BEIJING (Reuters) - Beijing plans to impose congestion fees on autos using certain roads and to encourage residents to buy alternative-energy cars in a drive to ease chronic traffic jams and cut pollution, Chinese media reported on Friday.
Officials hope the fees will lead more residents to use public transport, according to the plans announced on Thursday, the state-run news agency Xinhua said.
The reports did not give details of tolls that would be imposed or how those fees would be collected.
Beijing's plan will provide unspecified incentives to buy so-called new-energy cars, including electric vehicles. It pledged to upgrade equipment at electric-vehicle charging stations and build more of them, Xinhua said.
The Chinese capital has already taken several measures to reduce traffic pressure since the 2008 Beijing Olympic Games, when it began to order some vehicles off the streets on certain days depending on the license plate numbers.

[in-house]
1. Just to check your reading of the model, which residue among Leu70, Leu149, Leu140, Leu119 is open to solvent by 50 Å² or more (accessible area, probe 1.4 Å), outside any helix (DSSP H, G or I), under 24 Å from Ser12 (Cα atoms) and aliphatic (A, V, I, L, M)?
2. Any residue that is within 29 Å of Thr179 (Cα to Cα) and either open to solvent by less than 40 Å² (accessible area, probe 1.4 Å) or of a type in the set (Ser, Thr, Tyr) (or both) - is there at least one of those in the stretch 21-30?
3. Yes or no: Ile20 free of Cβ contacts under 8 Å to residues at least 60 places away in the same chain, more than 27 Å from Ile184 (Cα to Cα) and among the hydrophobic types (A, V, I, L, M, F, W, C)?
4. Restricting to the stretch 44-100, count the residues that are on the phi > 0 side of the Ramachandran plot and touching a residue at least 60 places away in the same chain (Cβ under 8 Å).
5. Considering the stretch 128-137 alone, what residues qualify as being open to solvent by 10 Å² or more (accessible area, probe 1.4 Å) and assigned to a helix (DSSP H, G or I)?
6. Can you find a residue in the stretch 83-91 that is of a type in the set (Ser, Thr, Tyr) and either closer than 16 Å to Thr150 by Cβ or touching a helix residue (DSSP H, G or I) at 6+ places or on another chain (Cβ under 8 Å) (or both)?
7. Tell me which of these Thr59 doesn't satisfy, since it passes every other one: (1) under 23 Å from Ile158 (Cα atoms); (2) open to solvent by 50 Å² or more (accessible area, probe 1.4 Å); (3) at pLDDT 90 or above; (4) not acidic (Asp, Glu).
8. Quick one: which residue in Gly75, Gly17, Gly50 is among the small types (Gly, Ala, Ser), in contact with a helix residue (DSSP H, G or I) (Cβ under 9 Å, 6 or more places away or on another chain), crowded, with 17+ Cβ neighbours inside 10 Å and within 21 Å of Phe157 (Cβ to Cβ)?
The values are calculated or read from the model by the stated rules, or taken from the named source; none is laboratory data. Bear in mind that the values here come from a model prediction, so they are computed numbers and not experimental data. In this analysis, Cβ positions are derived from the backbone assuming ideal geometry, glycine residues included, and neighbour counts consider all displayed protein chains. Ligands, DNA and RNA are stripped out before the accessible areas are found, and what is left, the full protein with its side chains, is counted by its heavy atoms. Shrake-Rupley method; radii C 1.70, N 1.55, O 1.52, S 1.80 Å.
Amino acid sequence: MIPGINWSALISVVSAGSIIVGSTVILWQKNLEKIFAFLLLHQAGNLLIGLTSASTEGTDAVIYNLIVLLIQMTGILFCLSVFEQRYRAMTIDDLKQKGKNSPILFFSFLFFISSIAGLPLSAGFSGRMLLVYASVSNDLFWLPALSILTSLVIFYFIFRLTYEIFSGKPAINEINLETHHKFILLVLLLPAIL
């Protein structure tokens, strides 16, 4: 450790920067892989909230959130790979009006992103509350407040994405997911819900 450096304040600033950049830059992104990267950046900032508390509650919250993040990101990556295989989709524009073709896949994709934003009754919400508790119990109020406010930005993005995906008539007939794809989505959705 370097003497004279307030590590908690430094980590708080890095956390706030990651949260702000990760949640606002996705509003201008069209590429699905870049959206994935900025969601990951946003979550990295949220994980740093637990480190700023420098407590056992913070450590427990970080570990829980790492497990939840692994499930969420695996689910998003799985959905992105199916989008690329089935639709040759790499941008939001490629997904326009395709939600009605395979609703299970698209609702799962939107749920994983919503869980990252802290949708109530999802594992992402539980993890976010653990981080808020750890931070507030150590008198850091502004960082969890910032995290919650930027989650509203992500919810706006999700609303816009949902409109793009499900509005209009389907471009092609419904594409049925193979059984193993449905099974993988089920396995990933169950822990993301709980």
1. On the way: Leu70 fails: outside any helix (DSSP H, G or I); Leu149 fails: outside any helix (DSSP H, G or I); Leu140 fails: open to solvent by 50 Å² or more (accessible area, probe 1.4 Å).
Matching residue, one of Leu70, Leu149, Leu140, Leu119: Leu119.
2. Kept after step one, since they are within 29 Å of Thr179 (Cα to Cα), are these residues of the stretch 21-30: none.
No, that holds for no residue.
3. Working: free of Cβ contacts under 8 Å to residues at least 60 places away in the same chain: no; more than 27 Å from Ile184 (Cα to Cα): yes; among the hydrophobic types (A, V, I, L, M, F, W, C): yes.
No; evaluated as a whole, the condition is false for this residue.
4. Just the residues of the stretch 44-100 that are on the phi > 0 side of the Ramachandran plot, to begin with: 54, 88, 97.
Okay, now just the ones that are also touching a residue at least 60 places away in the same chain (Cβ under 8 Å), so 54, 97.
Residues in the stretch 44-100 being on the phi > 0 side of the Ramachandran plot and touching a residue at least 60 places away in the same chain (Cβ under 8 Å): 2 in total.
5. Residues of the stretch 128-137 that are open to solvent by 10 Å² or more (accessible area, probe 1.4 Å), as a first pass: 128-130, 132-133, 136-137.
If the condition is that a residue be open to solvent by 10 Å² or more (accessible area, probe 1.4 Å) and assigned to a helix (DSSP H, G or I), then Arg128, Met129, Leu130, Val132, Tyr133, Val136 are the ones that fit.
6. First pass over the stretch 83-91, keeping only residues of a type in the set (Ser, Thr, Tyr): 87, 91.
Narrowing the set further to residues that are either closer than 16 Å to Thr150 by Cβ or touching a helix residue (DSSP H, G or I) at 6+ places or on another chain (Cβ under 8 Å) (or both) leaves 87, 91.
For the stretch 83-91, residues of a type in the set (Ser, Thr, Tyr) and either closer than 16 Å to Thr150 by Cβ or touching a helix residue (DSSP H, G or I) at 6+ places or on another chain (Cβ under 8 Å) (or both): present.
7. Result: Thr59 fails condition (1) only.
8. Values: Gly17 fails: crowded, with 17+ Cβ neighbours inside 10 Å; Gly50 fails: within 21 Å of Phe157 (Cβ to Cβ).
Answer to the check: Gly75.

That policy has not had much effect on gridlock, which has continued to deteriorate.
Beijing in January began capping new car registrations at 20,000 per month, available through a lottery. But that has only slowed the pace of increased congestion, while angering tens of thousands of hopeful car owners left unable to buy a vehicle.
Beijing has also increased parking fees, built parallel roads, widened certain intersections and expanded its subway system, all to try to relieve traffic congestion.
China overtook the Unites States in 2009 as the world's largest auto market. The rapid growth of car ownership has caused traffic nightmares in major Chinese cities, with Beijing expected to have 7 million vehicles on the road by 2012.
(Reporting by Sabrina Mao, Editing by Terril Yue Jones and Ken Wills)